I am so at home in Dublin, more than any other city, that I feel it has always been familiar to me. It took me years to see through its soft charm to its bitter prickly kernel - which I quite like too.

Home Issue 50, February 24th, 2014

Issue 50, February 24th, 2014

Loyal Servant

Roger Casement understood that in his official duties he was serving not just a British king but the king of Ireland. If there were then betrayals within the United Kingdom it was England which first betrayed Ireland.

Warts And All

LBJ, the man the baby boomer generation loved to hate, was, even one of his political enemies has admitted, ‘for all his towering ego, his devastating instinct for the weakness of others, his unlimited capacity for self-pity … a man of brilliant intelligence, authentic social passion and deep seriousness’.

Comrades in Death

In the 1920s many republican leaders insisted that they did not object to the commemoration of the WWI dead but to the jingoism and glorification of imperialism that accompanied it, like the ostentatiously offensive behaviour of Trinity College students and the overt militarism of the British Legion (issues that also vexed the Garda).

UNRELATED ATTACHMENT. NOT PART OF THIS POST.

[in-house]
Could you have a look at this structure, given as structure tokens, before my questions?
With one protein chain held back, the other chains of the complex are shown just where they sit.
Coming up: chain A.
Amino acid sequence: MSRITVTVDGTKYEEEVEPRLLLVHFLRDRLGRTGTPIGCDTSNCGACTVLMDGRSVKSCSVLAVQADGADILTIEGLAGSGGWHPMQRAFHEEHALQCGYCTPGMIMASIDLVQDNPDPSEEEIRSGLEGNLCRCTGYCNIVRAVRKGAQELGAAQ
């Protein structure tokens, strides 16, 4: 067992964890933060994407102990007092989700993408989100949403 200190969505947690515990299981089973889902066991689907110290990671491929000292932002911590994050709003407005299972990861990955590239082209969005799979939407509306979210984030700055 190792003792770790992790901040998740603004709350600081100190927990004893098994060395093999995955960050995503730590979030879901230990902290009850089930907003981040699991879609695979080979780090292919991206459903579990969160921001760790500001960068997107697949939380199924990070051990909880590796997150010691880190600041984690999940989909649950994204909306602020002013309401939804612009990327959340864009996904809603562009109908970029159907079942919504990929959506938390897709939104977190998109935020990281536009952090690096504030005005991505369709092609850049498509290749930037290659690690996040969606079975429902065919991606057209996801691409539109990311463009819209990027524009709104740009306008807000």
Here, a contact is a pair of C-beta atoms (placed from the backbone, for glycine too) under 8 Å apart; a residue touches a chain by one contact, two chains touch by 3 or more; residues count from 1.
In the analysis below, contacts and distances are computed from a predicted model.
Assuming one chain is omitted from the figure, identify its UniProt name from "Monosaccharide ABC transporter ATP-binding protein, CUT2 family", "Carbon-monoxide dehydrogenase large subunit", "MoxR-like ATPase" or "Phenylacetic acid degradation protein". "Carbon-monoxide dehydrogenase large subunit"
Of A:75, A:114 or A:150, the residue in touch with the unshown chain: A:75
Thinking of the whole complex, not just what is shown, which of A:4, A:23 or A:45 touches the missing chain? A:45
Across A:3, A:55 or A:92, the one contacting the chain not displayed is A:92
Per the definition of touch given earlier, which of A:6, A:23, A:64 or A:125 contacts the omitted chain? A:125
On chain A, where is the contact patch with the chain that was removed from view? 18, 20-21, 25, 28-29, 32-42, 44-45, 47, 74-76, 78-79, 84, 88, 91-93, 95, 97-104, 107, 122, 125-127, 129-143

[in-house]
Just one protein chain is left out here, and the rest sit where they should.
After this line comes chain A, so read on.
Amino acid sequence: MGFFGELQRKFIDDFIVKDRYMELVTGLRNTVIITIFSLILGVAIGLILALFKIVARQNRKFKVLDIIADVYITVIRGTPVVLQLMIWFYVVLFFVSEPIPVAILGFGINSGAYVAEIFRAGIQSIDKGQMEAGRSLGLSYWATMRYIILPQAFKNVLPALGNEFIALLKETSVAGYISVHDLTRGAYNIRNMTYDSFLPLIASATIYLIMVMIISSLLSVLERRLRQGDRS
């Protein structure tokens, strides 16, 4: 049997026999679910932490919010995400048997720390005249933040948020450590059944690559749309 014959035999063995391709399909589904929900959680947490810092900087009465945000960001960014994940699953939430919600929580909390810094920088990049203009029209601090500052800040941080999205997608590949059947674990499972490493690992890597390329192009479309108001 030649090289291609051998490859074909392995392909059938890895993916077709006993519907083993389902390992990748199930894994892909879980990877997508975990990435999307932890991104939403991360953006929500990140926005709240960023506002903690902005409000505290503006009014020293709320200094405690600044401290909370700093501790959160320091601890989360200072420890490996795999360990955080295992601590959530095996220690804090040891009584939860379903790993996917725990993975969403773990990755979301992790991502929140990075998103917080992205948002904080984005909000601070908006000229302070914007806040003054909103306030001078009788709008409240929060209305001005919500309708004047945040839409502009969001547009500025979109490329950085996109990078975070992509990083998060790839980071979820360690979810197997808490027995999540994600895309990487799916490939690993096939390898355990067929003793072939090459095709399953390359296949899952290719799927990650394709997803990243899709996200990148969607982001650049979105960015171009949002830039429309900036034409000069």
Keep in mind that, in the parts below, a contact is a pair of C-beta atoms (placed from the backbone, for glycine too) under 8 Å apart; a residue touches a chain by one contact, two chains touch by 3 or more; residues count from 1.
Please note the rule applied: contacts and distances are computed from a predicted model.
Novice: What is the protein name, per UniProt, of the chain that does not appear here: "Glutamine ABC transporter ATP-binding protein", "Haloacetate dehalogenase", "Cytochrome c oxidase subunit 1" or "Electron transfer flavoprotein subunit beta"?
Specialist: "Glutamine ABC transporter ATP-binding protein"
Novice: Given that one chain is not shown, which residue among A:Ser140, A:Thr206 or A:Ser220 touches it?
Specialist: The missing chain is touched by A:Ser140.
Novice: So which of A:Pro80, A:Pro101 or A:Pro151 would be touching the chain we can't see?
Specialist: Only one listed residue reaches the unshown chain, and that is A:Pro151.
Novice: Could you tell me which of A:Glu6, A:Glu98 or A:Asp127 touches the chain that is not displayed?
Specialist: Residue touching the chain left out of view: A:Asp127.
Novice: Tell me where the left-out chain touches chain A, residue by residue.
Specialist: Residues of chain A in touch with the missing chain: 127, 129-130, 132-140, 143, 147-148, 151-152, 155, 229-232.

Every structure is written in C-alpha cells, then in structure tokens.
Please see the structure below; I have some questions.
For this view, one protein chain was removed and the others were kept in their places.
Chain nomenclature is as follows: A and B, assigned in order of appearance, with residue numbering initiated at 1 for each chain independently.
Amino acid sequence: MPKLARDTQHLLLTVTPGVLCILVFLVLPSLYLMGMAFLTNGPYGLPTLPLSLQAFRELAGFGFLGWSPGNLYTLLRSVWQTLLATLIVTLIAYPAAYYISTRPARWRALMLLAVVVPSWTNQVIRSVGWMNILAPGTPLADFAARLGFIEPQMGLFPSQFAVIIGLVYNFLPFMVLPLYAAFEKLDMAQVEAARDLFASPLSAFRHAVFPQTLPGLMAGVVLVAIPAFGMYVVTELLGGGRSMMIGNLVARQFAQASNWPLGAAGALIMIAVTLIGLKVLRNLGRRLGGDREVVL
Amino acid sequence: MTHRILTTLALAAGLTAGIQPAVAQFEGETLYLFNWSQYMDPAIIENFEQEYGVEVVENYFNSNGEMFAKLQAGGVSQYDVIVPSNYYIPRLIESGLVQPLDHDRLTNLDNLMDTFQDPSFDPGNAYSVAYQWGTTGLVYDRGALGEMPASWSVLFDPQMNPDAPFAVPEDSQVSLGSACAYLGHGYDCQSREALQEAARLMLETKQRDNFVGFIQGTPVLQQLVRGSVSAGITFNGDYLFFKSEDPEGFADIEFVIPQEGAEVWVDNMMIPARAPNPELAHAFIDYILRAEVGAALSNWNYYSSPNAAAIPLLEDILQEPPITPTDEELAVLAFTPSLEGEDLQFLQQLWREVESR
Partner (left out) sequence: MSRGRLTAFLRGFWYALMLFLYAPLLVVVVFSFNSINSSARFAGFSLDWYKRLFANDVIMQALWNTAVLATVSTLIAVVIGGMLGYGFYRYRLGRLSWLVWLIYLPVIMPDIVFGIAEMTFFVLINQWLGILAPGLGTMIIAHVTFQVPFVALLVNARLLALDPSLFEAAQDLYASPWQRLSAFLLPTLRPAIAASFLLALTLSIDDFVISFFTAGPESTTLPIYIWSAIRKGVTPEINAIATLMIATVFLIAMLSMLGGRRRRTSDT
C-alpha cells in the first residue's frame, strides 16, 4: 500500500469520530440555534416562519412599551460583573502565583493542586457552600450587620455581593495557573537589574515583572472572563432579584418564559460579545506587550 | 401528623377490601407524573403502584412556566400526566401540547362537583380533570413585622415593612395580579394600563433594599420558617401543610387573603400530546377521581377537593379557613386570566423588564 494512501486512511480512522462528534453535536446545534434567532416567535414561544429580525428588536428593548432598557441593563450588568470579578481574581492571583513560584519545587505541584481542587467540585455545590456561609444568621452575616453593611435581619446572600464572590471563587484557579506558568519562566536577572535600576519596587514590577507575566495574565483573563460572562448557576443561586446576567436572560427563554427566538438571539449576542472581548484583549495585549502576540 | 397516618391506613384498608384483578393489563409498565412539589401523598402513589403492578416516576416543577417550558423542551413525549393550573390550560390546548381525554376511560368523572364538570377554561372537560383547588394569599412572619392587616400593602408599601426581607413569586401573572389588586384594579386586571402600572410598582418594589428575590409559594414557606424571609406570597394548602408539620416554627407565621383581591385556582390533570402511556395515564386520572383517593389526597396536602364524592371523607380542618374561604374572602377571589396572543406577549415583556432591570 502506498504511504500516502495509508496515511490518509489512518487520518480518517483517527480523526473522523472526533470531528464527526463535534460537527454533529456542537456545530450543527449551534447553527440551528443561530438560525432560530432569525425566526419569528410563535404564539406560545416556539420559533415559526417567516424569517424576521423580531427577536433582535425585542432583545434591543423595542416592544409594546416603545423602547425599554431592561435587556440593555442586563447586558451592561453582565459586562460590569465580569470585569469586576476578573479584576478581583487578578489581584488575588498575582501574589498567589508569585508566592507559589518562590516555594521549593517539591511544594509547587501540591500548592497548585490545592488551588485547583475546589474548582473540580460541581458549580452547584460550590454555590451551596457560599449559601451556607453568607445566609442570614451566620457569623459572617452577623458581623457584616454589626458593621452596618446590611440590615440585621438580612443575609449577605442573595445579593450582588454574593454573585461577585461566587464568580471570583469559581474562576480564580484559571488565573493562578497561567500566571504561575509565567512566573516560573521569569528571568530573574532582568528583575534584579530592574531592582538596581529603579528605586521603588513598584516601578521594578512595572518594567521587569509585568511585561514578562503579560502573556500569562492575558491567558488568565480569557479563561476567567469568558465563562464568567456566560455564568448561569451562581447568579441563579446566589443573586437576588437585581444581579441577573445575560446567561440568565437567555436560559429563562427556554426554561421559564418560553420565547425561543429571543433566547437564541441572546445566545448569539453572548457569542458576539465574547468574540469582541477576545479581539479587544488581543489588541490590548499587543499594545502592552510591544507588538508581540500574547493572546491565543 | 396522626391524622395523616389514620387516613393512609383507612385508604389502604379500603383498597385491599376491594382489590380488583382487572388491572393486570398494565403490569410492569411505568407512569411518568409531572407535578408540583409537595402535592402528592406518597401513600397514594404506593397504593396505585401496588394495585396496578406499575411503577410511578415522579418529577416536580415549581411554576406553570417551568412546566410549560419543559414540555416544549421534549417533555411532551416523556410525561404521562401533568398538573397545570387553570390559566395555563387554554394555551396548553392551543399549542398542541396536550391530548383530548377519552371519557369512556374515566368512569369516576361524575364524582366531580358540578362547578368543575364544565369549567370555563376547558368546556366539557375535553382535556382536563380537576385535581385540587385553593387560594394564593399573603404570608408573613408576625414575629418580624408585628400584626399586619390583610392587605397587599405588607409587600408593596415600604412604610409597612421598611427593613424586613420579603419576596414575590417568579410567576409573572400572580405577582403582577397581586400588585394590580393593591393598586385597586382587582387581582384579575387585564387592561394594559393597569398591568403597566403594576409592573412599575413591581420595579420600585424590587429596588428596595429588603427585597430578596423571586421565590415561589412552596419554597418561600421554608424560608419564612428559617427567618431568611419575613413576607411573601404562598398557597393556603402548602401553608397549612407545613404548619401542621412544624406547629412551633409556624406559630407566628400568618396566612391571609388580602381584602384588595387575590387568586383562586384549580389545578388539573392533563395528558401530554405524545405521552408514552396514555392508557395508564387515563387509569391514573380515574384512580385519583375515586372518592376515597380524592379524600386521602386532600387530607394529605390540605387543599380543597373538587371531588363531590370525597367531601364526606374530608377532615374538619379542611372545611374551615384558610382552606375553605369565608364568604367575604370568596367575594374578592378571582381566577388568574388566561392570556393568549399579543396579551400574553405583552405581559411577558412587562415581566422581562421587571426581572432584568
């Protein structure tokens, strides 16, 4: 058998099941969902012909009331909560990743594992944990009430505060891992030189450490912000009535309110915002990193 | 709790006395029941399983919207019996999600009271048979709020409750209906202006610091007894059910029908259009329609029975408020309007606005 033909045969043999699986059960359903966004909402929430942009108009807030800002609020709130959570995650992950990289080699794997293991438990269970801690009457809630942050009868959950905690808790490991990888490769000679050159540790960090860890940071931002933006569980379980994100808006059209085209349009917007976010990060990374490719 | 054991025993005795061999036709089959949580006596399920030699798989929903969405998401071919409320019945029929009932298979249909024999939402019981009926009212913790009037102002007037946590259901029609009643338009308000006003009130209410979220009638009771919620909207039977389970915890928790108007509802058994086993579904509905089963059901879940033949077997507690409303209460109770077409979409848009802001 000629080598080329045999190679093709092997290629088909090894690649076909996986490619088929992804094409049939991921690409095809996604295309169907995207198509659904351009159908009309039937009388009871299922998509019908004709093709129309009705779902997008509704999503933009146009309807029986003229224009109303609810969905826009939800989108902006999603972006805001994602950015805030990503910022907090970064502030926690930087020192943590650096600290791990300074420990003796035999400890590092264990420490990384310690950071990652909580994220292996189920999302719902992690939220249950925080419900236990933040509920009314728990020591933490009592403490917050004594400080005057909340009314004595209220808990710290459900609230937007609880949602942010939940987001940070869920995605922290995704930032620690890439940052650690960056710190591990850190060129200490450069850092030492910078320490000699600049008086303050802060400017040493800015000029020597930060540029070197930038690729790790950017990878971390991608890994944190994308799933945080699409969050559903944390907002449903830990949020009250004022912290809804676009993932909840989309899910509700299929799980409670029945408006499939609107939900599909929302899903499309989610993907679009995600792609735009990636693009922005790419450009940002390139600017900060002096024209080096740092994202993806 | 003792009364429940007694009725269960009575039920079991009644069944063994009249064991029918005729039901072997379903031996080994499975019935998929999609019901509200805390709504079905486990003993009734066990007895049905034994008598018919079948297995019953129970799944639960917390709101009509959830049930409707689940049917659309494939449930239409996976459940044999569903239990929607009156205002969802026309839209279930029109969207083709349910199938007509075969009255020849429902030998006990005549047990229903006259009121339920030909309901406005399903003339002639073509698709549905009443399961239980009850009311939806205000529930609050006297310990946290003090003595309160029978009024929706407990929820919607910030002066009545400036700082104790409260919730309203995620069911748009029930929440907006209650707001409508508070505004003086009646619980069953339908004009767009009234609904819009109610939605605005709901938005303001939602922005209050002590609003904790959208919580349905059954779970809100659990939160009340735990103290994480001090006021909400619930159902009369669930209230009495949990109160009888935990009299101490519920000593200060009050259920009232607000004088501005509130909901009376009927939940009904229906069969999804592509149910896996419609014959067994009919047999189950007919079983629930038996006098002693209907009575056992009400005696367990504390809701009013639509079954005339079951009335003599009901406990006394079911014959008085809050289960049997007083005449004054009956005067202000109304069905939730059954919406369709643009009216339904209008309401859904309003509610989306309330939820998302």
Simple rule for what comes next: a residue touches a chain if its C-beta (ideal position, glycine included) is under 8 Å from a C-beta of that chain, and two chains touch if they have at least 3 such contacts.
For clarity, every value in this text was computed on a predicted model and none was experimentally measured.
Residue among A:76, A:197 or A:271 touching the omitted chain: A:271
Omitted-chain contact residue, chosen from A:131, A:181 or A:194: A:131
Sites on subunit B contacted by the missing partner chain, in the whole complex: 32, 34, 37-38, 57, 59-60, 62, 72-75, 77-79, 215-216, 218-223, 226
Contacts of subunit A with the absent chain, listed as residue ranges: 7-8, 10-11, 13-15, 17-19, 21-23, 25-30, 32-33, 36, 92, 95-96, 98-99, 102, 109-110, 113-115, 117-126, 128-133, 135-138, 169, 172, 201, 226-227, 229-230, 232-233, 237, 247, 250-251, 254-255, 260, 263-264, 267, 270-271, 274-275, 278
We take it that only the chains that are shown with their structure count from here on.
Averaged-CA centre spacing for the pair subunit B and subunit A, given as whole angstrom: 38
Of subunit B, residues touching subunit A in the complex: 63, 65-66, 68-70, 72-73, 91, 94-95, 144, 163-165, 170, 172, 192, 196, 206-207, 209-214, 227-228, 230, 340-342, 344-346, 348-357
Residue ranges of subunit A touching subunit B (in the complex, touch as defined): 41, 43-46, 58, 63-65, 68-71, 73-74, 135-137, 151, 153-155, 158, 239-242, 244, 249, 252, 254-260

When Not To Listen

Sinéad Morrissey has written of how she learned from the Welsh poet RS Thomas how to ignore, when necessary, a hostile environment and the play of literary fashions: half the battle is knowing what not to listen to.

Defying Big Brother

In the decades following the end of the Second World War, western Europe experienced the greatest long boom the world has ever known. This period of prosperity and security was not based on the rickety notion of “anti-fascism” but rather on liberty, constitutional freedoms and the solidarity of democratic nations uniting against the threat of the Soviet bloc.

American Berserk

Philip Roth’s American Pastoral can be seen as the start of his most prolific period, when he turned to focus more on questions of assimilation and social mobility in a country John F Kennedy called “a nation of immigrants”.

The Death of a Language

When does a language begin to die? When children raised to speak it struggle to acquire a native-speaker level, and therefore the “language community” fails to regenerate itself linguistically, Joe Mac Donnacha argues. According to that definition, the evidence suggests that the condition of the Irish language has indeed become terminal.


Fast food workers in the States don’t earn enough to eat … fast food. Too bad, say the employers, what they do can easily be done by machines.